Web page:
Unit Testing your ES6 Custom Elements - (my) Best Practices for Aurelia

Updated December 2016

Let's be honest - getting in to the habit of writing unit tests for all of the code in your application can become tedious. There I said it.

Finding the line of what needs to be tested in your project and what can be assumed to be covered by the tests in the framework takes practice. Great code can speak for itself but if it isn't being used by anyone it doesn't matter how well it is written or tested.

Ok we get it, what's this about anyway?

Introduction

I found myself in the position where I feel like the Aurelia application's I've been working on lately are going pretty well. As we've mentioned on the blog numerous times we're down to working on docs and performance optimizations at this point in preparation for beta / v1. It's a very exciting time!

Now that I've got the PoC apps and others that are starting to come along I realized that tech debt is catching up to me. I'm ready to start sharing these applications with my team mates to work on together. I'm especially excited to show these off to some co-workers and friends who have been reluctant about learning new client-side technologies, But how can I give them the confidence to work on these apps worrying about breaking the functionality I've implemented?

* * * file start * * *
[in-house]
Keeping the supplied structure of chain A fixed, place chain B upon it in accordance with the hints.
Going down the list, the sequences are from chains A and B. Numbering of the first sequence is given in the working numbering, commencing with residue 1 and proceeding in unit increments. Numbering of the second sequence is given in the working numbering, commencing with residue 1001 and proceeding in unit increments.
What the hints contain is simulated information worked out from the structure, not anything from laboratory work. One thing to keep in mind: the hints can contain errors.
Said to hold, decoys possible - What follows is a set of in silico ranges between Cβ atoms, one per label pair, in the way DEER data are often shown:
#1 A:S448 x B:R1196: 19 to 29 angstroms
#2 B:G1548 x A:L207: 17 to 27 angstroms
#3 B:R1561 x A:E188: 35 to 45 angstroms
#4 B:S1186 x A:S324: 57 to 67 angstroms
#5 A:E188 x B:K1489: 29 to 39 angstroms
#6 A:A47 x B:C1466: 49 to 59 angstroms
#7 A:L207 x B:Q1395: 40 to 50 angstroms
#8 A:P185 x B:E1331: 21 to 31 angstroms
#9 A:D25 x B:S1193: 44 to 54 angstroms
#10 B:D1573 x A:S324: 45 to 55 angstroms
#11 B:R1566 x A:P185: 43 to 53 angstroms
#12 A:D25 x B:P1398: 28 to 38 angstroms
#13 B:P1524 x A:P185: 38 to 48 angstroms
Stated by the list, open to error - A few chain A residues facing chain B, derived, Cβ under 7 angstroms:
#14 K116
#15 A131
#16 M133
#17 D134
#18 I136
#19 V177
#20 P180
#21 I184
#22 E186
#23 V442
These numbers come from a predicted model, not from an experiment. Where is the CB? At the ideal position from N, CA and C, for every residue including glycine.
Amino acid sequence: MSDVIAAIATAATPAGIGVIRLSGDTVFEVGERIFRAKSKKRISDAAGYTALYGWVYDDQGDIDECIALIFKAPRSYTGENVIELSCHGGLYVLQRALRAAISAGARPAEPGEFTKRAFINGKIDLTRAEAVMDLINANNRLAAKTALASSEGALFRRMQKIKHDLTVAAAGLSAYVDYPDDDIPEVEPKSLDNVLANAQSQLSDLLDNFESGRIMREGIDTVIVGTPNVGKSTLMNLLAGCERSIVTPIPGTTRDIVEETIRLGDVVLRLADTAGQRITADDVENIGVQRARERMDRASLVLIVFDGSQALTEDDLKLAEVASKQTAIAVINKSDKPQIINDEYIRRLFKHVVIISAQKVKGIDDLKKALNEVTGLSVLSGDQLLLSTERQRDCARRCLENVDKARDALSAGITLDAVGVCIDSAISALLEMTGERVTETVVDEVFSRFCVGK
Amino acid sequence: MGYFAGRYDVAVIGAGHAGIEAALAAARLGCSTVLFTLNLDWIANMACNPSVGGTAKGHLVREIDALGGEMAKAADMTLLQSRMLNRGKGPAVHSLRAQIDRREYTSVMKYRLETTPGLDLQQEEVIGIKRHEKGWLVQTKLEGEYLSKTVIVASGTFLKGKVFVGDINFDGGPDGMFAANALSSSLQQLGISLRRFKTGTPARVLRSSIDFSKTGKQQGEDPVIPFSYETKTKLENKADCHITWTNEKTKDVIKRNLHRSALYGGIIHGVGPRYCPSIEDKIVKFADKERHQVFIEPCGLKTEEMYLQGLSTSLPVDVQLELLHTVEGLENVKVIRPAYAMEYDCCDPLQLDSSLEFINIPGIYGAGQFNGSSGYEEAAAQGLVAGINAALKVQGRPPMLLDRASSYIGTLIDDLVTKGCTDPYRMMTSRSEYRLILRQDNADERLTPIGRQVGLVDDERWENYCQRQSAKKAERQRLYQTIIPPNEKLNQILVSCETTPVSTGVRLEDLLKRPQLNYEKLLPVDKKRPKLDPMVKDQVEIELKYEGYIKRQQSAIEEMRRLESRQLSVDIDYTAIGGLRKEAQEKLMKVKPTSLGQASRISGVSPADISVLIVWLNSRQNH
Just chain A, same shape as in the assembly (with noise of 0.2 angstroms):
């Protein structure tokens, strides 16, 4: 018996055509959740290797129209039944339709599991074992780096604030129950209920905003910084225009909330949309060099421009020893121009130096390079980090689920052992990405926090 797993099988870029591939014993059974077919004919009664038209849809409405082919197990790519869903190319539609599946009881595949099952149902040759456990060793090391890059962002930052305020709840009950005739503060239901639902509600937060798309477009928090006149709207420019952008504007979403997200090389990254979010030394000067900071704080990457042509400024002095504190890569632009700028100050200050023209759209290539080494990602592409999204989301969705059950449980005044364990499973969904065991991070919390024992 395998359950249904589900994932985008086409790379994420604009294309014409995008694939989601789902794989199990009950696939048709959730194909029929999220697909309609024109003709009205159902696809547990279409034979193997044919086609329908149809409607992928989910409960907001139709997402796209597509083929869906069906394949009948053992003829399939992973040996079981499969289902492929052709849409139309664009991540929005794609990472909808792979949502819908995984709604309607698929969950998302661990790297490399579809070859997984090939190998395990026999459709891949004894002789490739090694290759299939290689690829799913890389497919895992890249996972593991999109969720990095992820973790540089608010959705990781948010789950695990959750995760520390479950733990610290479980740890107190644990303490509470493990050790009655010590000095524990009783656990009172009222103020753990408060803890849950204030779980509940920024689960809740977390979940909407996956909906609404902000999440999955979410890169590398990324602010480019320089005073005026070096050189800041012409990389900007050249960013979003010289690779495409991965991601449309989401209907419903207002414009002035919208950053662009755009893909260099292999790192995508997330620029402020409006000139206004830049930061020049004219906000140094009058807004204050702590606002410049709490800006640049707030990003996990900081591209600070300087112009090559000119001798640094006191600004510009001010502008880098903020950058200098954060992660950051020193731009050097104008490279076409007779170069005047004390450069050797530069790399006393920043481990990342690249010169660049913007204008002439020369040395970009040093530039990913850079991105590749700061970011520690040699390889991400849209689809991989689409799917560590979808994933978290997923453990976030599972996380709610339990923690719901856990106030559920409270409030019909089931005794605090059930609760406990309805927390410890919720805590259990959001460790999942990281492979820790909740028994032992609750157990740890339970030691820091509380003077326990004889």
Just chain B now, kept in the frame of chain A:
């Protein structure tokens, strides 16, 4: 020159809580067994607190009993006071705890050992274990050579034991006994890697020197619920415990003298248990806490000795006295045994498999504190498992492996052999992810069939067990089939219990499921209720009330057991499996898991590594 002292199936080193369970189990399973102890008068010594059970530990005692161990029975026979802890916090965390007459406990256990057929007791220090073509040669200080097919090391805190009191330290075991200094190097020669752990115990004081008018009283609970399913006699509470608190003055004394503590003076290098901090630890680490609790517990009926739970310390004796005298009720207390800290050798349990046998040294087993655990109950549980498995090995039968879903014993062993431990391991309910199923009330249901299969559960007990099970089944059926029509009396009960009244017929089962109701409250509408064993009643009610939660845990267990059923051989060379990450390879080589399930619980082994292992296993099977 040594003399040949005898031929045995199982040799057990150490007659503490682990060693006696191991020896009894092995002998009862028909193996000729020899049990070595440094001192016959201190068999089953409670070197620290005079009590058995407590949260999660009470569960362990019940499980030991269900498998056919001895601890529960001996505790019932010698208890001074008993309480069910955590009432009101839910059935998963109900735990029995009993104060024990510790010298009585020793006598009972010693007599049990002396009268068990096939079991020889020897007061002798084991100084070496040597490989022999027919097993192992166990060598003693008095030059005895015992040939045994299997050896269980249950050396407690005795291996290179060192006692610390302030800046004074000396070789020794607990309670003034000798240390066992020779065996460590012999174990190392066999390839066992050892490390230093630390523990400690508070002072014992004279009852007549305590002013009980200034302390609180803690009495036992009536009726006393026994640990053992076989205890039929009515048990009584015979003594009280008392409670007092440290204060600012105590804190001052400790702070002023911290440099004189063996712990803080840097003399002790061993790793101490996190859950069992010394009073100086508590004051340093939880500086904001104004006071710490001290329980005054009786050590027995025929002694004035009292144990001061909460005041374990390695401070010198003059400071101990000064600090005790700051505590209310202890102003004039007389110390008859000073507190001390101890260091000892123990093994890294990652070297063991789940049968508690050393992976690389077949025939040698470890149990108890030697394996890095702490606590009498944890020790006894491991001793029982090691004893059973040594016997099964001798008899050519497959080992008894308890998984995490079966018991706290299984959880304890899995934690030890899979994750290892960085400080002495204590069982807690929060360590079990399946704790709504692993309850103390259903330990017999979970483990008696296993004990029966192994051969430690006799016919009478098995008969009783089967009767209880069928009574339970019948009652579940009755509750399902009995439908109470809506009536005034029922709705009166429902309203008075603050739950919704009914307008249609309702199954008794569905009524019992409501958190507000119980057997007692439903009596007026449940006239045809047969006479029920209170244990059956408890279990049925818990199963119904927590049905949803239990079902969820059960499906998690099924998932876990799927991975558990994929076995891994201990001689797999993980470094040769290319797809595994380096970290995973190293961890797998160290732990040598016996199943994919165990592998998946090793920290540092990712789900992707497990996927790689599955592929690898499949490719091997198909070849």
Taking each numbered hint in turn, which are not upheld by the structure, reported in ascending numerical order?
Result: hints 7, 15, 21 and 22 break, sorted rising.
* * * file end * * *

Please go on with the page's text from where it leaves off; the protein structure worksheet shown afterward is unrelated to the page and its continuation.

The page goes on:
Requirements

For the purpose of this walk-thru -

  1. Start with an app based on our skeleton-navigation
  2. Make sure your karma.conf.js matches the most up-to-date release's!
  3. Make sure you're able to run the base skeleton-navigation repo's tests

Testing to the rescue

On most of the projects I work on, tests are an agreement between team members that this code was working when I pushed it out and I've written my tests with the confidence that as long as they are passing, you are probably good! There's always the edge cases that even the best developers miss but no one's perfect.

Alright let's see some code already!

Let's use a simple widget view-model -

import {bindable} from 'aurelia-templating';  
export class Widget {  
  @bindable isOpen = false;
  @bindable name = '';
  toggleOpen() {
    this.isOpen = !this.isOpen;
  }
  isOpenChanged(newValue) {
    if(newValue) {
      this.name = '';  
    }
  }
}

As you can see our widget can be in a state of open or closed, which probably triggers an if or show binding in the view to toggle content. When the toggleOpen method is called we want to toggle the open property of our widget. Whenever isOpen changes, we want to check if it is set to true and then clear the name if so.